- Size 12 Is Not Fat by Meg Cabot
I often feel that many of Meg Cabot’s books and series get overshadowed by her Princess Diaries series. I get the appeal to that series, but I think that personally, I like series like The Mediator and Airhead better and more engaging. This book was an extremely light and fun read and I found myself laughing throughout. Like the name of the book suggests, this book also talks about how the protagonist deals with body0shaming and how there is not a single “perfect” body type. She eventually grows into a confident person, but doesn’t fail to humor the readers in the process.
- Little Darlings by Jacqueline Wilson
There was this entire phase where I went crazy over Wilson’s books. Name any book of hers and I’m pretty sure I’ve read it. I read this book when I was I was I think around 13 and each one of her books shaped me as an individual. Obviously, over the years I’ve grown up and do find this book a little childish, but I still think it has a strong message of finding yourself and leaving a mark on the world. As a matter of fact, I think all of Wilson’s books should be celebrated and should be talked about more.
- Rebel Queen by Michelle Moran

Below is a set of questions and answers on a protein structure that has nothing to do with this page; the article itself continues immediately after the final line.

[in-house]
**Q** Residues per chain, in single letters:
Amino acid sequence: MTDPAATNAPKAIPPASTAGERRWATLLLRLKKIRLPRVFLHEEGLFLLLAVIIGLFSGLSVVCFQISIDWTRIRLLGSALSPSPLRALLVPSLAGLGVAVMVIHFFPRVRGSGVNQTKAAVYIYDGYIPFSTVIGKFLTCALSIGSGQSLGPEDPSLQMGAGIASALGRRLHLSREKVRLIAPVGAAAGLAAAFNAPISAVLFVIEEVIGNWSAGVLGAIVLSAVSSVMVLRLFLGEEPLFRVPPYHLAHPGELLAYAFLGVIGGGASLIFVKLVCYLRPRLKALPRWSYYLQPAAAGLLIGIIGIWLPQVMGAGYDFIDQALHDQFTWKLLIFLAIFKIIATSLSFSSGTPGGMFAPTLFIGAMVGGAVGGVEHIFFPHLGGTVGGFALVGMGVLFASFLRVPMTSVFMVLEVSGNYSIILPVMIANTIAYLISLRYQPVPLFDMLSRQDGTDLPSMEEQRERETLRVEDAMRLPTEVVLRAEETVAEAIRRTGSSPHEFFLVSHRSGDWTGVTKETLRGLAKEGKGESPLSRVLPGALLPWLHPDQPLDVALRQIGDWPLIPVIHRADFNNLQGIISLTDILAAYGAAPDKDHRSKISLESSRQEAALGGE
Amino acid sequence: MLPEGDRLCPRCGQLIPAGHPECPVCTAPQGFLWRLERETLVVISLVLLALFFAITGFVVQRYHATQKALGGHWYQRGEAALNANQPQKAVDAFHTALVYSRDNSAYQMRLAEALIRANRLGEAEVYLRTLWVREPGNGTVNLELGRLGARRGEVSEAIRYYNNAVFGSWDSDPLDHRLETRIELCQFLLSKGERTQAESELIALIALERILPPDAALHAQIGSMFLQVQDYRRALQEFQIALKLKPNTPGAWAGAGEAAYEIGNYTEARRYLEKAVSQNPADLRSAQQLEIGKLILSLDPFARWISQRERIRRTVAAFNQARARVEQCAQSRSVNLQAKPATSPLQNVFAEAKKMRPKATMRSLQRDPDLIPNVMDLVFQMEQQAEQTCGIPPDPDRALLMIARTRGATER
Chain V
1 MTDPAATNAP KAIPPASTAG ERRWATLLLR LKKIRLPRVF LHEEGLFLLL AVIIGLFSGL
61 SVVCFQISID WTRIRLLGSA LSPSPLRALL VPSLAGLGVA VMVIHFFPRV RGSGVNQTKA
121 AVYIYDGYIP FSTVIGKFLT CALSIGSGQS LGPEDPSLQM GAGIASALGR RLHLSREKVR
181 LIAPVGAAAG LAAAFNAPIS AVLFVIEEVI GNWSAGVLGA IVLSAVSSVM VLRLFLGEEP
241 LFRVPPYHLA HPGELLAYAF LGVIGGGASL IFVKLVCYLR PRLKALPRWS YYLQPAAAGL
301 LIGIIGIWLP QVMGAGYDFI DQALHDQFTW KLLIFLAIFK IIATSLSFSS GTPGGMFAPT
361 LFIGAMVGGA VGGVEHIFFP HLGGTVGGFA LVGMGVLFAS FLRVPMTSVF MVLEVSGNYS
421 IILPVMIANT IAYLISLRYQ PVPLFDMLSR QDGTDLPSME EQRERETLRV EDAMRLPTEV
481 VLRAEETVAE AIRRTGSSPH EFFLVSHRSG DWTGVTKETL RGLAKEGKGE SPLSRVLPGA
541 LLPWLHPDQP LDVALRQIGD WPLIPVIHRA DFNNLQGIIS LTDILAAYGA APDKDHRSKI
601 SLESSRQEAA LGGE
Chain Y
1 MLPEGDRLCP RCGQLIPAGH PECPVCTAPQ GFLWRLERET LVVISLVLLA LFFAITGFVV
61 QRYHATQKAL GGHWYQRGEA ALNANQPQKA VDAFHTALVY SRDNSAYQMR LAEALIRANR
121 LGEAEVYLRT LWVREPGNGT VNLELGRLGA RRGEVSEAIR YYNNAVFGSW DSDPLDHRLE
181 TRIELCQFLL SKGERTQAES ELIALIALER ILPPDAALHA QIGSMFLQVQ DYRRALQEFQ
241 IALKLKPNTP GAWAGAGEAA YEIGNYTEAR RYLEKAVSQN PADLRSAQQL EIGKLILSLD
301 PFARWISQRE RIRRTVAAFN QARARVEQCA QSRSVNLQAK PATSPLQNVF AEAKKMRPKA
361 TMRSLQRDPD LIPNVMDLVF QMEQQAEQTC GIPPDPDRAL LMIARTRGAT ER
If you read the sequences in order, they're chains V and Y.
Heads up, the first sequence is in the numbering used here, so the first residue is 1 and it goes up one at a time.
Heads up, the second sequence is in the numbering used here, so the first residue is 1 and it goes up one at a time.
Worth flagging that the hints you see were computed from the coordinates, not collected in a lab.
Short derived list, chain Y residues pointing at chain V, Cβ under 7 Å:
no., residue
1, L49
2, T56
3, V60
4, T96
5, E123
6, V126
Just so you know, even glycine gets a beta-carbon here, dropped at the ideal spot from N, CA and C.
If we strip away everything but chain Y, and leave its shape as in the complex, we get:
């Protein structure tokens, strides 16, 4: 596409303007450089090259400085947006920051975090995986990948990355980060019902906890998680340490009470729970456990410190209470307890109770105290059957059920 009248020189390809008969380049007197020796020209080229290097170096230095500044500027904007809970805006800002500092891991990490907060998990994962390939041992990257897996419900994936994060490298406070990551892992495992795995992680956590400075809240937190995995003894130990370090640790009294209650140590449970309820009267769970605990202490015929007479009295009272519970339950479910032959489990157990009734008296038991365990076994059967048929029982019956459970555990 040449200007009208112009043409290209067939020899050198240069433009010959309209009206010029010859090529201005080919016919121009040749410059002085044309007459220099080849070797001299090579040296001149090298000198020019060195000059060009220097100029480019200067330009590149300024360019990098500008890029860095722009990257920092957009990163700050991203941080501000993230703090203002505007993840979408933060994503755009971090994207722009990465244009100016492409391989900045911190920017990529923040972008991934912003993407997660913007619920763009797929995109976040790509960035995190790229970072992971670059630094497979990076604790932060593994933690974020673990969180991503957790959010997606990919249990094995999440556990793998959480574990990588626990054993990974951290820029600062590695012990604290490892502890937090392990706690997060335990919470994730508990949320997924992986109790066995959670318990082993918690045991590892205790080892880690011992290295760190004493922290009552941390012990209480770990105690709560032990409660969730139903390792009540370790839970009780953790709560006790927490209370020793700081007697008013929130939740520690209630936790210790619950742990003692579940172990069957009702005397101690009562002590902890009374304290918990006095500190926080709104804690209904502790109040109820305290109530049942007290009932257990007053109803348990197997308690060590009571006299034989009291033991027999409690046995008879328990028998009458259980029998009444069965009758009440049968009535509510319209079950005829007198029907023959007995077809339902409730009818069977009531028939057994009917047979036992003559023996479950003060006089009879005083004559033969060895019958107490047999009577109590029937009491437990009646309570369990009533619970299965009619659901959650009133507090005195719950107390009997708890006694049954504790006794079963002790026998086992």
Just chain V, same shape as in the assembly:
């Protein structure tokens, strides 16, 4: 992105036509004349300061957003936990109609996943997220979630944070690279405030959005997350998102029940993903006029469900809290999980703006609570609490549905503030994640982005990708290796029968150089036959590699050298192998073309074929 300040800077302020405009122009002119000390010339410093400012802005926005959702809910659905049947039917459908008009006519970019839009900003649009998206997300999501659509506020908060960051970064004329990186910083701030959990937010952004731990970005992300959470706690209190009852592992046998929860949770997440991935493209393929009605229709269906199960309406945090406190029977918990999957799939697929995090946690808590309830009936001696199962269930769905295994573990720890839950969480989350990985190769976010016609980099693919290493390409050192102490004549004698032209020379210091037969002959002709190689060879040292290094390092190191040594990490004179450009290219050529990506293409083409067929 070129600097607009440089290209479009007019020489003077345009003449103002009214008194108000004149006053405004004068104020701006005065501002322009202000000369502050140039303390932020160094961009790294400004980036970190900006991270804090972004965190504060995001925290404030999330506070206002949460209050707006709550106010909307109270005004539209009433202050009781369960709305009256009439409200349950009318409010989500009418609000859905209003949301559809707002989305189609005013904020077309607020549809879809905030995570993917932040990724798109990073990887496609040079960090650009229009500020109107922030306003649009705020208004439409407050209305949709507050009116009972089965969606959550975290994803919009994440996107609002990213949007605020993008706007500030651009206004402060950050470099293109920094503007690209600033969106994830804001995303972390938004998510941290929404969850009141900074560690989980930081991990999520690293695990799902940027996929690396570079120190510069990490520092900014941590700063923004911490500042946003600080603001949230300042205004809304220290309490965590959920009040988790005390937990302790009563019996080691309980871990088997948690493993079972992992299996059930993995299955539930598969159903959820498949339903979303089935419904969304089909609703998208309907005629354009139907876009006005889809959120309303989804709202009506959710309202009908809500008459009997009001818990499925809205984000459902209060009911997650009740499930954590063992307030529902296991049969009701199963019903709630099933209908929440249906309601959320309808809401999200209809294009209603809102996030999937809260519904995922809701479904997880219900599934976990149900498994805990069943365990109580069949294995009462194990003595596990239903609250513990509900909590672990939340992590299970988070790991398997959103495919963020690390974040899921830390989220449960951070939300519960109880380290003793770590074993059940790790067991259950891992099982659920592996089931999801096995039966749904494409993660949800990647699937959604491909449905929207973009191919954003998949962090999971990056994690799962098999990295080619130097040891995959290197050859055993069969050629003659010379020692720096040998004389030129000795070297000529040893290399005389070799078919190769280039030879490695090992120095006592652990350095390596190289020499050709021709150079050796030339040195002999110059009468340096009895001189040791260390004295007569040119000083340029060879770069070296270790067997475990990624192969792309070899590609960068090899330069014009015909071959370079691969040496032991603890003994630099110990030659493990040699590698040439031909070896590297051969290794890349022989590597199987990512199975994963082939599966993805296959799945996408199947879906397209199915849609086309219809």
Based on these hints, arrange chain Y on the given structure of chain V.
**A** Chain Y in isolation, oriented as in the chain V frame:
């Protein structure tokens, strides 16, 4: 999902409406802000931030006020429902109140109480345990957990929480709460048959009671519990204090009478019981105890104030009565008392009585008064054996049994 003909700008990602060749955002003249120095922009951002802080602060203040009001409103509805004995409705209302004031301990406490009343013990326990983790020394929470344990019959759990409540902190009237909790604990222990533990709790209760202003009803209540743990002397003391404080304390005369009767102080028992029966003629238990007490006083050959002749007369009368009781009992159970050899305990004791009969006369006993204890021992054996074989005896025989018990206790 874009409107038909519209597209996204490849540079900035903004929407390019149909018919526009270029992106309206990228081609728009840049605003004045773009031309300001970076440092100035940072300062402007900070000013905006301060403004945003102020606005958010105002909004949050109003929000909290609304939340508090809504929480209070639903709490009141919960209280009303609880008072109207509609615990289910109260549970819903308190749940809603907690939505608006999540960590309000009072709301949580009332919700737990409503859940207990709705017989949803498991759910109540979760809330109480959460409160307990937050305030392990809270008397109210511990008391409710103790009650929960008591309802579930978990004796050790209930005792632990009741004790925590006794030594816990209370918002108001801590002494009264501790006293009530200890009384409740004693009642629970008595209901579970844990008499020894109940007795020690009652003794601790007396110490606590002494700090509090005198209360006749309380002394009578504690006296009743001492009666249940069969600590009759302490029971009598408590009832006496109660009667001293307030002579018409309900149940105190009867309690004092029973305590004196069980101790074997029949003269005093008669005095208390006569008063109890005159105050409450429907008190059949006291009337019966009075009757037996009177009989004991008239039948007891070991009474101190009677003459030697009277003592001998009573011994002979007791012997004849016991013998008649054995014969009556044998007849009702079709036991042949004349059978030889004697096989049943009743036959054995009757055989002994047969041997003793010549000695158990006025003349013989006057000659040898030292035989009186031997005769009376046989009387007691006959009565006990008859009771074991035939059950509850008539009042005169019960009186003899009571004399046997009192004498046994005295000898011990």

I came across this book in my school library and was completely taken by the royal vibe that this book’s cover gave off. I immediately check the book out as soon as I found out that it was based on the true events that unfolded during the rule of an Indian Queen – Rani Laxmi Bai. Rani Laxmi Bai has always intrigued me and the many stories that I have grown up listening to about her bravery and wisdom made this book a must read. I appreciated how Moran brought the characters to life and portrayed the unique perspectives of one of the many women who served as soldiers and warriors under the queen. I wish there were more conversations or posts in which I could include and mention this amazing novel.
These were the 10 books that I decided to include in my list for Top Ten Tuesday today. Let me know if you’ve ever read any of these books and what your thoughts on them are! I’m also always open to book recommendations, so don’t hold any back! Thanks for checking out my post!
– Just Another Magical Soul